Sensory Deprivation Boosts Musicians’ Skill Level

Canadian researchers report floating in an isolation tank increased the technical skill level of young jazz players.

How do you get to Carnegie Hall? Everybody knows the standard answer. But newly published research suggests that, after you’ve labored all day in the practice room, you might want to spend an hour in a flotation tank.

Oshin Vartanian of the University of Toronto and Peter Suedfeld of the University of British Columbia report floating in an Epsom salt solution one hour per week for four weeks boosted the technical ability of a group of college music students. This suggests such periods of minimal sensory stimulation can improve performers’ perceptual-motor coordination.

Don’t start filling up the bathtub, however: This experiment, described in the journal Music and Medicine, featured a level of sensory deprivation achievable only in a specially designed tank. The device was invented in the 1950s by neuroscientist John Lilly; in the years since, its use has been linked to improved sports performance and heightened levels of creativity.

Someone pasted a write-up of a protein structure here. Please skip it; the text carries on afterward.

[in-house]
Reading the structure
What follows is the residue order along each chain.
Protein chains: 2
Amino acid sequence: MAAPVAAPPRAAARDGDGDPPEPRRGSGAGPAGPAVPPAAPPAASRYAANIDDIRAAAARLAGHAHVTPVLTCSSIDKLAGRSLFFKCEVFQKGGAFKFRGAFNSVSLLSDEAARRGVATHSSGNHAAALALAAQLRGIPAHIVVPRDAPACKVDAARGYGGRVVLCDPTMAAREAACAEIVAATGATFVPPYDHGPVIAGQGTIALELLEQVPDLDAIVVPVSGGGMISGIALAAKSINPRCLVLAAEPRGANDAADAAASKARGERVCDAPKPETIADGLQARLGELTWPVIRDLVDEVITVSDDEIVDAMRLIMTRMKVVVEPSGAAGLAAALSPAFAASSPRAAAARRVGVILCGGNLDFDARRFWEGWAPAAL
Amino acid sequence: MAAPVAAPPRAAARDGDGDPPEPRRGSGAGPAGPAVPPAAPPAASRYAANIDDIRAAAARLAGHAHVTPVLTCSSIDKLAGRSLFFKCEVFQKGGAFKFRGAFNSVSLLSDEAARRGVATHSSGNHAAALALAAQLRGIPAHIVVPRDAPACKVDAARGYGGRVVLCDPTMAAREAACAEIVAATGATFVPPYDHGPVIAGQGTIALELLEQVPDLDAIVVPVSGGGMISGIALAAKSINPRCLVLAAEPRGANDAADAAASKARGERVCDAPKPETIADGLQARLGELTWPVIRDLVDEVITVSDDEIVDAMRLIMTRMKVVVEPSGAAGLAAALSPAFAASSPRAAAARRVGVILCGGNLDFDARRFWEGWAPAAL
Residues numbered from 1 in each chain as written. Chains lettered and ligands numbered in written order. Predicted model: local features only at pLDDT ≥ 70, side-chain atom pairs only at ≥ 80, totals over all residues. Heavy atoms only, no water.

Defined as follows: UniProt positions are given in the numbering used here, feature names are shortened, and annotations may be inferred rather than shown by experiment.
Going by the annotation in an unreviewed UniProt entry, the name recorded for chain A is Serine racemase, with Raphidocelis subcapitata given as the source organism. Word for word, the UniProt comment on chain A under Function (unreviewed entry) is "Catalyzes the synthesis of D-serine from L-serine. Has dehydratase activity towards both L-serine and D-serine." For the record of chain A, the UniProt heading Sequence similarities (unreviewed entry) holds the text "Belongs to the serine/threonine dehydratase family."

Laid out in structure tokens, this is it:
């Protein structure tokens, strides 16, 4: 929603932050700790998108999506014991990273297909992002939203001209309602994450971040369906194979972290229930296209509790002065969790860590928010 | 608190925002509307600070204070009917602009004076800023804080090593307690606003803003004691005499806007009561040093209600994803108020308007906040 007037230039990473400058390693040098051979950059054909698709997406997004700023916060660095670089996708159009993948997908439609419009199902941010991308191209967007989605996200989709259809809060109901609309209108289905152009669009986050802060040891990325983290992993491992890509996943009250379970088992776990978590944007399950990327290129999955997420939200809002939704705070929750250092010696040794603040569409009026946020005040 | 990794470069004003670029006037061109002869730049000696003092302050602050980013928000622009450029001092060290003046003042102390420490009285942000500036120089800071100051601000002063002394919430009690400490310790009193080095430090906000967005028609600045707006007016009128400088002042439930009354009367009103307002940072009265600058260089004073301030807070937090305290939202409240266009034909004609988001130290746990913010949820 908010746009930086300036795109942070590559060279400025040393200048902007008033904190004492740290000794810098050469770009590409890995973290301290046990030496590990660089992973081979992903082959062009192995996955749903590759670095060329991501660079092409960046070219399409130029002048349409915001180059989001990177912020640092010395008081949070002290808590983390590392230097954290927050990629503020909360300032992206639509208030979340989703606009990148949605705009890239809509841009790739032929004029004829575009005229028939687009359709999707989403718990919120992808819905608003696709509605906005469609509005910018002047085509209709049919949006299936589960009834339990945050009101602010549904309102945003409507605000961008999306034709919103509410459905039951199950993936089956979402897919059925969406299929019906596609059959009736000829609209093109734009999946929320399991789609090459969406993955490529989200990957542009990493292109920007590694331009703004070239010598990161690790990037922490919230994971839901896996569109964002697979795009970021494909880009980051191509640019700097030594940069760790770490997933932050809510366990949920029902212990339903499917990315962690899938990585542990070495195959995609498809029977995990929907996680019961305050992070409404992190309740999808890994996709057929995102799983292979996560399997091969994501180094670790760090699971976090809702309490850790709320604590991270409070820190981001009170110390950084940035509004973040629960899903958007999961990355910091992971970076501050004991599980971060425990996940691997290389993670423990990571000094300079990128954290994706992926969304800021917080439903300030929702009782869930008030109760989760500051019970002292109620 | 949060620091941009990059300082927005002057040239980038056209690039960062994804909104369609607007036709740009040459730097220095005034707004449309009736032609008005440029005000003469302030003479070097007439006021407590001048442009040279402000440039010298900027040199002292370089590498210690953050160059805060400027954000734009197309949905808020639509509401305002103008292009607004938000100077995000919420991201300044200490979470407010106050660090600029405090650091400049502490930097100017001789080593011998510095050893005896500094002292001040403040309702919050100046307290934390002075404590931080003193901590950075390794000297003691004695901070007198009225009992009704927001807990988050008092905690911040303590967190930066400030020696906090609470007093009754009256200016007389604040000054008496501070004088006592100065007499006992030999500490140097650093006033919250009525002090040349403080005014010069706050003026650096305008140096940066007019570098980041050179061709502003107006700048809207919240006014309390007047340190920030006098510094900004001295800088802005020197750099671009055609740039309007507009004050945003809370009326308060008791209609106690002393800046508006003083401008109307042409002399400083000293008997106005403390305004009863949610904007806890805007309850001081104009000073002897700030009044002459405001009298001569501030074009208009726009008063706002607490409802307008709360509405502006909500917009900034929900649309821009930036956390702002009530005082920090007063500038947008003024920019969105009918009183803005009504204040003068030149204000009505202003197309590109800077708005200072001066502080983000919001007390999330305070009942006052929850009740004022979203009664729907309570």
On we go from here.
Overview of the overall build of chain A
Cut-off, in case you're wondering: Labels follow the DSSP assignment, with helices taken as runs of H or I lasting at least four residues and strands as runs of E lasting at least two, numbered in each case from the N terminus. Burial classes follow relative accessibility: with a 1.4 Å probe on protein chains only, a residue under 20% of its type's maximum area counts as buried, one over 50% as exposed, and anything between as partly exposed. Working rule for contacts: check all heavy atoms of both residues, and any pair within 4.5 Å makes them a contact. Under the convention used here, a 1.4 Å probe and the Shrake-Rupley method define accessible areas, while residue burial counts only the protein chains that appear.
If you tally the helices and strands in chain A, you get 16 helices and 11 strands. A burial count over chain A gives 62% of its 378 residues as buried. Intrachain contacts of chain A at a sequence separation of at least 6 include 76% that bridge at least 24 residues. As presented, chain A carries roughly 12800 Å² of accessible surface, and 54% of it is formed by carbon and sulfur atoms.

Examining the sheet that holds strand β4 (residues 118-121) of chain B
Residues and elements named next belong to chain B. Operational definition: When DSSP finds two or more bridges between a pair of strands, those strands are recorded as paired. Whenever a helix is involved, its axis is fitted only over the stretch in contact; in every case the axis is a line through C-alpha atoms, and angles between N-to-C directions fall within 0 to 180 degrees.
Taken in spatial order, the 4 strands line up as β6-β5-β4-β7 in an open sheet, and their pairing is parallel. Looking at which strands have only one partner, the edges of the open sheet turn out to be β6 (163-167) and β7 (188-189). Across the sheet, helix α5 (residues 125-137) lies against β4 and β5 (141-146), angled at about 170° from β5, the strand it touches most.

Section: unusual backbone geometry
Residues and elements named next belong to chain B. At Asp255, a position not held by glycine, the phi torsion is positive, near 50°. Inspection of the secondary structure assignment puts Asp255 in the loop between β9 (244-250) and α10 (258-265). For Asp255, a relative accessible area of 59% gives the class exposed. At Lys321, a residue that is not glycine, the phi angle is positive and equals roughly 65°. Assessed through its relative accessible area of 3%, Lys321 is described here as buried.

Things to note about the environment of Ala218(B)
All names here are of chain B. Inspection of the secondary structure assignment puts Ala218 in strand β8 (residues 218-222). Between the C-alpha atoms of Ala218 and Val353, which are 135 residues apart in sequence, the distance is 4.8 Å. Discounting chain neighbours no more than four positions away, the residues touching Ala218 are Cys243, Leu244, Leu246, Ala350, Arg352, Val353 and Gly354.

But would it work for budding be-boppers? To answer that question, the researchers conducted an experiment using 13 students enrolled in an intermediate-level jazz improvisation course at Vancouver Community College.

Eight of the students — six men and two women — engaged in flotation sessions for four consecutive weeks. They spent an hour each week in a fiberglass shell, floating in a solution of Epsom salts and skin-temperature water. They were in the dark, and outside sounds were muffled.

All the participants — including the other five musicians who comprise the comparison group — made two five-minute-long recordings in which they freely improvised. The first took place one week before the flotation sessions began; the second, one week after the sessions concluded. Each session was rated by the instructor (who was unaware which students were undergoing the treatments) on five dimensions: improvisation, creativity, expressiveness, technical ability and overall quality.

read the article – Miller-McCune 

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